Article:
Blues give grants to expand health services, including in Wayne and Oakland counties
Two Detroit health clinics each have received $100,000 grants to help expand access to health care in the city.
The funding is part of more than $1.2 million awarded statewide by Blue Cross Blue Shield of Michigan and its foundation to increase access to medical and dental services for Michigan residents. The Blues are Michigan’s largest health insurer.
McAuley Health Center, a nurse-managed community health clinic located on the University of Detroit Mercy campus, will use its $100,000 grant to provide dermatology, endocrinology and podiatry services during a monthly clinic.
The grant will allow Wellness Plan Medical Centers in Detroit to use telemedicine to provide specialty services to their primary care patients. Specialists also will visit the clinics.
The Blues cited national data showing the need for medical specialty services almost doubled between 1999 and 2009, from 4.8 percent to 9.3 percent. The firm said there is a projected shortage of as many as 8,000 physicians for all specialties by 2020.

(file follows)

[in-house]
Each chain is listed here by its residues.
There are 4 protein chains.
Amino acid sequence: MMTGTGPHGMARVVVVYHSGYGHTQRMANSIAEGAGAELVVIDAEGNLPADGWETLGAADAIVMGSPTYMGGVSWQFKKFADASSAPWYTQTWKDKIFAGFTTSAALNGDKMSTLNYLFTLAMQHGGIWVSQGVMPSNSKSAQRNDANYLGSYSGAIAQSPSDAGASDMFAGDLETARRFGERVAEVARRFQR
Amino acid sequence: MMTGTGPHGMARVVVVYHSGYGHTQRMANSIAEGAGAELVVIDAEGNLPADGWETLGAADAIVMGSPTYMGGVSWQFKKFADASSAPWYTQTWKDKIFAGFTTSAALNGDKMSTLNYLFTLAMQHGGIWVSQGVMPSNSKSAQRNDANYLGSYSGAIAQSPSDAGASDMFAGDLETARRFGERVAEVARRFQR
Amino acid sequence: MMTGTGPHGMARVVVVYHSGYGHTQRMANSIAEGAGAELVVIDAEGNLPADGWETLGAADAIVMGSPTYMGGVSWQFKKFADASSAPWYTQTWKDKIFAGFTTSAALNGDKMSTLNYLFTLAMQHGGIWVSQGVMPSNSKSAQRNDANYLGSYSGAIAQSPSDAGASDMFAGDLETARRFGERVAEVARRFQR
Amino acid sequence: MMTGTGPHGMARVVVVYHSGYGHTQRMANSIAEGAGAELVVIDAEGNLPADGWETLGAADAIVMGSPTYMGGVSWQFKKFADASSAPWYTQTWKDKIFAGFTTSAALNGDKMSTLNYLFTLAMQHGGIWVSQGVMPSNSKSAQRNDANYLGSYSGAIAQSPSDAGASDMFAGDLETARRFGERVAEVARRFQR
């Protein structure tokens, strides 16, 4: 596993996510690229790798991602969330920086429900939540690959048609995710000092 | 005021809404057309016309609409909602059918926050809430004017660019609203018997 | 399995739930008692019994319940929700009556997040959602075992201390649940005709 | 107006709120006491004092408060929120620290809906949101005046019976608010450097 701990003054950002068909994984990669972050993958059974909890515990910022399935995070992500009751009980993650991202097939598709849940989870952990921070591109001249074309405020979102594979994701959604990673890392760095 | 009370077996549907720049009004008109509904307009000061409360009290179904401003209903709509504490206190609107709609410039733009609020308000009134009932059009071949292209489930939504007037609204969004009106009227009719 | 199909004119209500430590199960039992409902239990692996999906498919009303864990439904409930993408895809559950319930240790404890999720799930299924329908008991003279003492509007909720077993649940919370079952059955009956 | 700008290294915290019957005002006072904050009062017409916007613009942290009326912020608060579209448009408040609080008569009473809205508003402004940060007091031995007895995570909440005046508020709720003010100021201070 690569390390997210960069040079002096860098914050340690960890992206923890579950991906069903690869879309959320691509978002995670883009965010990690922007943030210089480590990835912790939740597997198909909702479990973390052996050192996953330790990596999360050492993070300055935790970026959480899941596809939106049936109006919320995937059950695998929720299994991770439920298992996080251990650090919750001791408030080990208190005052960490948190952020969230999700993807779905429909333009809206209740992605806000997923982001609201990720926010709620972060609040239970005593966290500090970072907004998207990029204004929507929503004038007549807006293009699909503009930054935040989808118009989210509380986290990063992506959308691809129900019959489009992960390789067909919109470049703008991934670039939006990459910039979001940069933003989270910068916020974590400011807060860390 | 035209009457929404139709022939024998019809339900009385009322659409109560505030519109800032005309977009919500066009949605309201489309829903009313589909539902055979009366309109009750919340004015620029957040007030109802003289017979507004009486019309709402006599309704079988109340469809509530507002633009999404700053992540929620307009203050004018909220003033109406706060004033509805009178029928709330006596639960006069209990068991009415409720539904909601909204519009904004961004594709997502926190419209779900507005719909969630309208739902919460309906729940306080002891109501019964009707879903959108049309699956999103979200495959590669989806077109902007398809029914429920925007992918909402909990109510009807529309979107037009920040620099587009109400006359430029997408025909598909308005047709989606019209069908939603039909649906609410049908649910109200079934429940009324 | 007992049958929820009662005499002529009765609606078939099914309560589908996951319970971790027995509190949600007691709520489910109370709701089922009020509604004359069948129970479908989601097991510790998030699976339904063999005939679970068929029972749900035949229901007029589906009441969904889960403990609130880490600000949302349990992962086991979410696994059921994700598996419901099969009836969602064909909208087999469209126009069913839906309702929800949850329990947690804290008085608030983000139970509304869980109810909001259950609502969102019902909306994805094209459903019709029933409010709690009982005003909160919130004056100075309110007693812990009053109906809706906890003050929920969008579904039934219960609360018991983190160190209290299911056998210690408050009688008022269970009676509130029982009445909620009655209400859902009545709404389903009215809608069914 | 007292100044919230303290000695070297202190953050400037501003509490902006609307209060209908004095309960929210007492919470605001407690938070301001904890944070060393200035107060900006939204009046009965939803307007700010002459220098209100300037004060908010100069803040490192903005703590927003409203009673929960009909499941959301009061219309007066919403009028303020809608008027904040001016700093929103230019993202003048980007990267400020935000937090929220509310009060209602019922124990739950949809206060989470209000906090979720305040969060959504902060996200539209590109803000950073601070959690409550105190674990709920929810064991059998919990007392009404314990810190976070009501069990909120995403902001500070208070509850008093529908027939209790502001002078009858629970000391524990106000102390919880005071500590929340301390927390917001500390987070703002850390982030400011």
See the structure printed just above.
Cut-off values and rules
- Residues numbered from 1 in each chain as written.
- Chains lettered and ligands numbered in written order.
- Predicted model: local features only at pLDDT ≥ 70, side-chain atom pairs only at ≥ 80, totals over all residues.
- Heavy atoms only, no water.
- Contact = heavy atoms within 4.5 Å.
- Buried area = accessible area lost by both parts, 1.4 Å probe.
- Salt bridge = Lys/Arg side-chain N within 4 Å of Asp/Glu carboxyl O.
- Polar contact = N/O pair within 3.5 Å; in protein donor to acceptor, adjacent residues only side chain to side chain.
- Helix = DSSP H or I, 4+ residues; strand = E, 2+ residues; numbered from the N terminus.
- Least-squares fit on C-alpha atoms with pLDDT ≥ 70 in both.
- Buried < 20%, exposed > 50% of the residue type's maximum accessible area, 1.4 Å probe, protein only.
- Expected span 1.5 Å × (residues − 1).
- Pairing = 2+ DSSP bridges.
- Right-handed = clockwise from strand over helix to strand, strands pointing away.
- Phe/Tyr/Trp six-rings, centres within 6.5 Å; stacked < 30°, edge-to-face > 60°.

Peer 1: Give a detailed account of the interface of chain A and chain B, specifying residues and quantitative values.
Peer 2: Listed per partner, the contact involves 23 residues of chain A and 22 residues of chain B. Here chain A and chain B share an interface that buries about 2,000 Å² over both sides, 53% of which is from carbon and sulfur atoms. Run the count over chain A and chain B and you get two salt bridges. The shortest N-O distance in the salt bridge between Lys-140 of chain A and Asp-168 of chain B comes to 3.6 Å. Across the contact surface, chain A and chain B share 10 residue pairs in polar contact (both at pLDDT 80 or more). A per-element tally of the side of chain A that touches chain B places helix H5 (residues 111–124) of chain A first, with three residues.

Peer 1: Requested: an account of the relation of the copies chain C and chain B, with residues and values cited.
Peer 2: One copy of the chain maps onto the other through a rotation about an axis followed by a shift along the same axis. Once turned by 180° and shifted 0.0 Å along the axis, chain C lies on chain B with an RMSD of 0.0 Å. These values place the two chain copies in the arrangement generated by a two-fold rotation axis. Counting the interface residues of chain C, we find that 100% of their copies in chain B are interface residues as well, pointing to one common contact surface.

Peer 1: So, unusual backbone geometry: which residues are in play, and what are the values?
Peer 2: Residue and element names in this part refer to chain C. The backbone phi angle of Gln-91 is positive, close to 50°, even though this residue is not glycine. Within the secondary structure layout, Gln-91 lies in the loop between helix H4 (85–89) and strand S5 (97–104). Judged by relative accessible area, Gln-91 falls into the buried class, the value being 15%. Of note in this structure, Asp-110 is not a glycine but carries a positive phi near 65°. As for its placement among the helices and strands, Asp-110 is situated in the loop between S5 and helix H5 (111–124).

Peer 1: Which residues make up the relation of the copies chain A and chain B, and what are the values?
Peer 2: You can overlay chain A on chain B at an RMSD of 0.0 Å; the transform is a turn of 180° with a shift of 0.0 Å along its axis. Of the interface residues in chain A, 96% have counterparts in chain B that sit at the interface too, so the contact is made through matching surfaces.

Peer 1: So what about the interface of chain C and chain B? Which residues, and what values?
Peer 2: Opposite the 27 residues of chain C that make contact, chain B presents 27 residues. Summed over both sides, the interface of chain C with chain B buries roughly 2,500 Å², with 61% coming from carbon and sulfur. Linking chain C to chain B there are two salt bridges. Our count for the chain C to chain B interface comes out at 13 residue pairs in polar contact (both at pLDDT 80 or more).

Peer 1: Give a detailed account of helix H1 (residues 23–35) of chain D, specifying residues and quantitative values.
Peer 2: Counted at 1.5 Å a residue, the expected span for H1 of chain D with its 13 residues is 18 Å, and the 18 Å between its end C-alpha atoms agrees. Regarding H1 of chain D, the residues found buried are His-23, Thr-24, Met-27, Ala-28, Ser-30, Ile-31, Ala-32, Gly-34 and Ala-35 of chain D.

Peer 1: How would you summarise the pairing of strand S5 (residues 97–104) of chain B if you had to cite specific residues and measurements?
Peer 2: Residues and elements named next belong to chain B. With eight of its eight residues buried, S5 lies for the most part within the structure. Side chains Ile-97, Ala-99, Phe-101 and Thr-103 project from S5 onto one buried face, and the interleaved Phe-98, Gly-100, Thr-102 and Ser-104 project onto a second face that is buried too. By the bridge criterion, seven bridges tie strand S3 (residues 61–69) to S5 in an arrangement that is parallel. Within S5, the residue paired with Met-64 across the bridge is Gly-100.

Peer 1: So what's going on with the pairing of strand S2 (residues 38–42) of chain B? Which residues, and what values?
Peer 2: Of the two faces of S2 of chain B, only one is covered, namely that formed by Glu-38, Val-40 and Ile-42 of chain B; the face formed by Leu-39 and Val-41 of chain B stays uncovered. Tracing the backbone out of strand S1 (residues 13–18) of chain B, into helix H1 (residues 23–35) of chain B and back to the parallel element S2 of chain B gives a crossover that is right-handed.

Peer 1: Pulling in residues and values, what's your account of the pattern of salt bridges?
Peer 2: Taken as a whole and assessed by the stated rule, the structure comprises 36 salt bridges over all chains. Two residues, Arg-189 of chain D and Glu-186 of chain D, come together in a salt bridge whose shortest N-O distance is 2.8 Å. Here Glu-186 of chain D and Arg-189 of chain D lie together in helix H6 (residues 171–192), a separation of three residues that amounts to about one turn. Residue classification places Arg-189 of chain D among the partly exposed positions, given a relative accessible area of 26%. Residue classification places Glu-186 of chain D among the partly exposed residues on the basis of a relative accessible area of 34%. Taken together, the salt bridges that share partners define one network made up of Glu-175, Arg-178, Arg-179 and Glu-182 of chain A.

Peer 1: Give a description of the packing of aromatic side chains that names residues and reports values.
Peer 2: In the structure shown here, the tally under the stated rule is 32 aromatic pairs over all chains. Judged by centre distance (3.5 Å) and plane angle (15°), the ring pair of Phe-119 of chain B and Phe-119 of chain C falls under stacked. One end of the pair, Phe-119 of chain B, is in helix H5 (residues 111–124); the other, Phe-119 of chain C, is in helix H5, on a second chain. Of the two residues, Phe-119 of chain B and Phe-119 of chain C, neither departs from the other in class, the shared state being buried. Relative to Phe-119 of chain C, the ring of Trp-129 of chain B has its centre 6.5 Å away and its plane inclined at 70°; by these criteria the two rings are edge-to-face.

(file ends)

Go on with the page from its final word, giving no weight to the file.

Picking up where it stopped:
Fifty-two safety net health care organizations across Michigan received grants to increase access to primary care, specialty care or dental care. In Wayne County, $126,000 was awarded to eight additional Detroit clinics, including a $20,000 grant for medical services to Cabrini Clinic and $15,000 to St. Vincent de Paul Clinic for Dental Services.
Nearly $80,000 was granted to Oakland County clinics offering medical and dental services in Pontiac, Southfield and Ferndale.
“These health centers presented innovative proposals to address areas of real need in the community,” said Audrey Harvey, executive director and chief executive officer of the Blue Cross Blue Shield of Michigan Foundation.
“With our support, they will be able to increase the availability of specialty care for those in need and make a significant impact on the health outcomes and quality of life for underserved patients in Detroit.”